Ebullient ABC Celebrates ‘Incredible’ Guilty Verdict of Trump, ‘Cheers Inside’ Biden HQ

News & Politics

Not surprisingly, Disney-owned ABC went gaga Thursday over former President Trump being found guilty on all 34 counts brought by far-left Manhattan D.A. Alvin Bragg relating to the 2016 election, basking in the “incredible verdict” from New Yorkers that they claim had not only “broken” Trump in spirit, but will cause “a significant percentage” of voters to not vote for Trump. In tern, they argued, this could help President Biden — whose campaign broke out in literal “cheers” — secure a second term.

Correspondent Aaron Katersky covered the trial from the beginning and was given the first reaction after World News Tonight anchor David Muir finished relaying the verdict: 

An incredible verdict on this day in May — late May, the former president of the United States convicted as charged — 34 counts of falsifying business records. And David, as the crowd outside of this courthouse found out, a big cheer went up from opponents of the former President who had been massing in the park across the street from the courthouse. Just a — a whooping cheer, and they continue to make a lot of noise.

Three-time bestselling anti-Trump author and longtime correspondent Jonathan Karl opened the doors to what would be a common theme on the ABC News Special Report, which was polling indicates this will be fatal for Trump’s chances.

“Donald Trump is now a convicted felon. Will that affect how voters will view him? And we have seen, David, a lot of polling, including one of our ABC News polls just in the past month, that suggests that upwards of 20 percent of people who have said that they plan to vote for Donald Trump…would reconsider…if he were…convicted of a felony,” he boasted.

Muir concurred and acknowledged “some political pundits will say this was sort of baked in,” but spent the next few moments implicitly arguing this will matter given “how tight the race is” which “will be decided at the margins.”

ABC’s coverage wouldn’t have been complete without chief White House correspondent and chief Biden apple polisher Mary Bruce, who delivered with the revelation that “there were cheers inside the Biden headquarters in Wilmington as the verdict was read” and “these guilty verdicts are a political gift to Democrats, a political gift to the President” to be “running against a convicted felon.”

Hilariously, Bruce tried to cover for her friends by also claiming no one should “expect the President to completely upend his campaign messaging because of this,” and they don’t “want to be overly celebratory and feed into that narrative that this was somehow a witch hunt concocted by President Biden” when he’s “been adamant that he had nothing to do with this.”

A few minutes after Muir reiterated Team Trump has to be at least “wondering” if they’ve now lost “independent voters and those who are on the fence,” he tag-teamed with executive editorial producer John Santucci to toast to how “a born and bred New Yorker…who enjoyed significant success here” has been “broken by New York” (click “expand”):

MUIR: And we also know that Donald Trump, was a born and bred New Yorker. His father had a very successful real estate business here, a branding empire between father and son. Donald Trump enjoyed many, many years sort of being at the top in New York City and to be in this SUV now, guided by the Secret Service, back up to Trump Tower after being found guilty on 34 felony counts, even though he says it’s political, expresses disgust for what played out here in New York City today, this is a man who called himself a New Yorker for decades and who enjoyed significant success here.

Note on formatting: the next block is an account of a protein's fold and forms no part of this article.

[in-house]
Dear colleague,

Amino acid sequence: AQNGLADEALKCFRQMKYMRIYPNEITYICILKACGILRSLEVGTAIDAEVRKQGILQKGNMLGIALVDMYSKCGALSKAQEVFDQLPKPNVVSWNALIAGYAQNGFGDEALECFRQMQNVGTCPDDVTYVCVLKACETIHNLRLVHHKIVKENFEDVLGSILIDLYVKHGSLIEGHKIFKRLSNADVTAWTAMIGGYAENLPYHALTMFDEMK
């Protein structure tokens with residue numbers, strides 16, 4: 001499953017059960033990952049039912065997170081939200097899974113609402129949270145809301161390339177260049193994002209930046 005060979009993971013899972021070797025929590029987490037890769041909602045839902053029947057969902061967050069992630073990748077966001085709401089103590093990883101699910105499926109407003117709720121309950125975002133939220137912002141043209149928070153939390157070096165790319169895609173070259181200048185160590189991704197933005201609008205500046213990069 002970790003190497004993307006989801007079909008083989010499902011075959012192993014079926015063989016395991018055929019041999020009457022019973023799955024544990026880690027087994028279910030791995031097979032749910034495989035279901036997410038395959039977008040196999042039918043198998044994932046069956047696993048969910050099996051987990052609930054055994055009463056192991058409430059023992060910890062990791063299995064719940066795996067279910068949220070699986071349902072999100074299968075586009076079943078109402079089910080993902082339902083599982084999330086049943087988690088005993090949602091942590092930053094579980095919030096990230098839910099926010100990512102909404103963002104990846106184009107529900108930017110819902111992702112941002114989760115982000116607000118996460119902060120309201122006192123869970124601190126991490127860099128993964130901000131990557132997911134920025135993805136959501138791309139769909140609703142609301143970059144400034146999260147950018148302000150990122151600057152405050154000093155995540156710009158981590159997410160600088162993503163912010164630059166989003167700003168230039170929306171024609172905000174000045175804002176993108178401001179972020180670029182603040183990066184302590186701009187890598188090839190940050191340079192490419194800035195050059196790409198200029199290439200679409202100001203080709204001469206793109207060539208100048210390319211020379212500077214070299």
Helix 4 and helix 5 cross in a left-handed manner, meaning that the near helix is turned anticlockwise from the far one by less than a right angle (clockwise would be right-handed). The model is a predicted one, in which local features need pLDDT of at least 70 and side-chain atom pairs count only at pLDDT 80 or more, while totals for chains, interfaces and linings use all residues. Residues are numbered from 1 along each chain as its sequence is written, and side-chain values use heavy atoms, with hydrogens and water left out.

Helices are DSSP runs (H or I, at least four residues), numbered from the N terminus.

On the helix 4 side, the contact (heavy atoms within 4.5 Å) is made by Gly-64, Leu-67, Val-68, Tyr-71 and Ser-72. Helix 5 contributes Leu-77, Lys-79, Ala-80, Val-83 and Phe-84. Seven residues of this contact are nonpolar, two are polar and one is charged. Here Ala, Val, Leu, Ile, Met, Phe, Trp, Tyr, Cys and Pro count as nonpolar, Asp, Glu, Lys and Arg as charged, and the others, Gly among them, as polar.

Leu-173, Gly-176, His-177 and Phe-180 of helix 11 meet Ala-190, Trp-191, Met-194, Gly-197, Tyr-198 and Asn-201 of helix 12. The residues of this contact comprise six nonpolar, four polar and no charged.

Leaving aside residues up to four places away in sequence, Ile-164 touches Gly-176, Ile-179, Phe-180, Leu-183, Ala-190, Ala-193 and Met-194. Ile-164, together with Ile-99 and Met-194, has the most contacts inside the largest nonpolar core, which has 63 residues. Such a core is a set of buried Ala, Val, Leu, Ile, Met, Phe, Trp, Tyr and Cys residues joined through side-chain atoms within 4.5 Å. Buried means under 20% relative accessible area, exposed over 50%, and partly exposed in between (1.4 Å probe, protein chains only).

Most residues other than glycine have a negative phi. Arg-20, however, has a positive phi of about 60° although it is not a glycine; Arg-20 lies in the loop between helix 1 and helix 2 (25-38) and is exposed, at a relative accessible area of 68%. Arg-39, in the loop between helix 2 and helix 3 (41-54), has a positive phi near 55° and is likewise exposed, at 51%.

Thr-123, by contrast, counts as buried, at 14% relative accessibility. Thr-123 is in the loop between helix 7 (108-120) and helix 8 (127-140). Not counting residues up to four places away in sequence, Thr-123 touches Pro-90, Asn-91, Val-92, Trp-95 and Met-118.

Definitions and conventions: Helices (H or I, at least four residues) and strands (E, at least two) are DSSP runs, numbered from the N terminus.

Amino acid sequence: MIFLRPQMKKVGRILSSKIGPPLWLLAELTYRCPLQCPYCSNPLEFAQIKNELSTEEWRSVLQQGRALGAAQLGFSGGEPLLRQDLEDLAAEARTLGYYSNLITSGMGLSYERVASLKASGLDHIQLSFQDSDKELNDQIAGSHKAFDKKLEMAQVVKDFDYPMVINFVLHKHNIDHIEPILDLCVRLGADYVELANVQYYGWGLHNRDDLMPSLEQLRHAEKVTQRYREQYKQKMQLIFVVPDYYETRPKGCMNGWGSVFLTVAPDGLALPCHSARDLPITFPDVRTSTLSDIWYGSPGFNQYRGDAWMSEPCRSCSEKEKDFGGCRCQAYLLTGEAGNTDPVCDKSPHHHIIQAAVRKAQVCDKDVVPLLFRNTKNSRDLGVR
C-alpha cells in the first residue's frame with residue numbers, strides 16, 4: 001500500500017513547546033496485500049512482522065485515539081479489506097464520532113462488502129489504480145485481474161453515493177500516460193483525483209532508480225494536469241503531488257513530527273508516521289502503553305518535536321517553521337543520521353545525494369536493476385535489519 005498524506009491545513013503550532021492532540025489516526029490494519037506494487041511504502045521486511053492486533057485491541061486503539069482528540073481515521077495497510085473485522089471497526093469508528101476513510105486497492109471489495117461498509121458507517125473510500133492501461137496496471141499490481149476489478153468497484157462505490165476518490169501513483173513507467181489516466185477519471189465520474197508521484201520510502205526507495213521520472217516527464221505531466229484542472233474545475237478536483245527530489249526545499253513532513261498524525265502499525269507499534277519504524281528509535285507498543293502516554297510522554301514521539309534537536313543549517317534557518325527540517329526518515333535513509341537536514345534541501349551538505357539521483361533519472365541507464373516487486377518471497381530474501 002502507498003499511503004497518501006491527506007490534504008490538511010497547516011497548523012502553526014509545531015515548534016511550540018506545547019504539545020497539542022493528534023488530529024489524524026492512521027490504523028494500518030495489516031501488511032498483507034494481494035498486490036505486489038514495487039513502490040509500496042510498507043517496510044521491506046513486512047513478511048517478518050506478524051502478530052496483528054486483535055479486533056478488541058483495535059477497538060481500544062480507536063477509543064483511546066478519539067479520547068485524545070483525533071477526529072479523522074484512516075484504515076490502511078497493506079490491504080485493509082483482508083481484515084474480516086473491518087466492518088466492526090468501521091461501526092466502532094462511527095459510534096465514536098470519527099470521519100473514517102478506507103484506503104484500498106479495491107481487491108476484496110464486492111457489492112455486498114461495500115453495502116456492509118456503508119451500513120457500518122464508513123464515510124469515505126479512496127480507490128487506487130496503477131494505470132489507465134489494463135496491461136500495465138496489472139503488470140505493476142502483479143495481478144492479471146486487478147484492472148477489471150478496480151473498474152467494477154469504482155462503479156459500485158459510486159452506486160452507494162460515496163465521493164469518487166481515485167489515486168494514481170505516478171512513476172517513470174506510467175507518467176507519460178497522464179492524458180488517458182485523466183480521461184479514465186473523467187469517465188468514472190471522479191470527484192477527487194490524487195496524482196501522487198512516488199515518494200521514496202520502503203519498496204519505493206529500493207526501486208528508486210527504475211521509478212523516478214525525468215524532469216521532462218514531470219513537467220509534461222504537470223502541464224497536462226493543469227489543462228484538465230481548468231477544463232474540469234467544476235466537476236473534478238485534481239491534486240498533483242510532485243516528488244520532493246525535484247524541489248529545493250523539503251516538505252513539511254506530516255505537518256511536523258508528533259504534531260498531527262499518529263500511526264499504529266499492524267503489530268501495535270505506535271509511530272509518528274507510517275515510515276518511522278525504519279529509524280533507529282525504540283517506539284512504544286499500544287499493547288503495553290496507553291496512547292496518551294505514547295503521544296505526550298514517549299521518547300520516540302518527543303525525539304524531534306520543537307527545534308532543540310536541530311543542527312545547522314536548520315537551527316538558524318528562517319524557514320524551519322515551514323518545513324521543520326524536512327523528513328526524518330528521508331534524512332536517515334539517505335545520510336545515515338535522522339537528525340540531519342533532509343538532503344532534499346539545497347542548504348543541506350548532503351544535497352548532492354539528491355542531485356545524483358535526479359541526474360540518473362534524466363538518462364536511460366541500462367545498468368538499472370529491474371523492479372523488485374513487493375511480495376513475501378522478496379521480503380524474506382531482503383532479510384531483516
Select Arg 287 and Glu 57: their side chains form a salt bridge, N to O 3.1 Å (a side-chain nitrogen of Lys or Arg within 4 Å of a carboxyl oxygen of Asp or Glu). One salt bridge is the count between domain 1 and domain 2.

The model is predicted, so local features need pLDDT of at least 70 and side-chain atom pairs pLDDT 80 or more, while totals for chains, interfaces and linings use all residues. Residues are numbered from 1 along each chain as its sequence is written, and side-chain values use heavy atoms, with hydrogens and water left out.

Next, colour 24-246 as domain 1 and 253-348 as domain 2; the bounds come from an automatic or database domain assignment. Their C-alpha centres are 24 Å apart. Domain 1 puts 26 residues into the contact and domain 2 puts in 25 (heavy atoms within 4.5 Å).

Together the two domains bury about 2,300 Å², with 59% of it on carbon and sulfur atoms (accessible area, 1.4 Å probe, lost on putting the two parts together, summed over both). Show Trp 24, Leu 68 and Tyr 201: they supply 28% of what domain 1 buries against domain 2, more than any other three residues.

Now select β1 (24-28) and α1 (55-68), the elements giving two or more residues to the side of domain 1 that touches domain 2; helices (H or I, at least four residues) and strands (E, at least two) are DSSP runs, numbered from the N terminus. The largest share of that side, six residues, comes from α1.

SANTUCCI: It’s a unbelievable story. A guy that was made by New York was just in some ways, you could argue, broken by New York and think about it, right? You talk about Donald Trump’s father, Fred Trump. Fred Trump succeeded in business. For those that know the New York area outside of Manhattan, he succeeded in Queens and Brooklyn. Donald Trump wanted to outdo his father. It was breaking into Manhattan, crossing over the bridge to the island of Manhattan. That was Donald Trump’s goal. Donald Trump told voters in 2015 and ‘16 that I live in the most famous address ever, the most prized possession on fifth avenue. He loved living in New York, being a part of New York, you know, even in the last couple of days, David, I had heard from many senior aides and longtime friends to Donald Trump that he actually liked being in Trump Tower the last couple of weeks. Keep in mind, David, that was his residence for decades. He took such great pride and joy in it. I mean, many people have told this story. I experienced it myself the first time I went into Trump Tower, that Donald Trump loved to show off the view. You look at the Plaza Hotel. Look at Central Park. This was Donald Trump’s pride and joy as a New Yorker. And to think that this is a city that he really spent his life trying to be a part of breaking into — you know, as we’re watching this helicopter follow his motorcade, I’m reminded of a video in our ABC archives of Barbara Walters with Donald Trump talking about how he wanted to make the New York skyline different, put his impact on it. He’s driving along right now, David, you got to imagine looking in part out the window, looking at the city that he had a big part of in some ways for many, many years. And this is a city now, David, that has left a very different impression on Donald Trump and I mentioned earlier, but just think about it, right. You know, we all grow up, we all move away from home. Life brings us in different places. But Donald Trump left New York because at first because of a new job that he became president. But then left in protest because of these cases, because of these prosecutors that he said were out to get him, his children followed. His entire being in New York is no longer there. It’s such a different life. As one person said to me when this case got started, think of everything Donald Trump had in 2015 before his foot stepped on the escalator. It’s a lot of a different life now.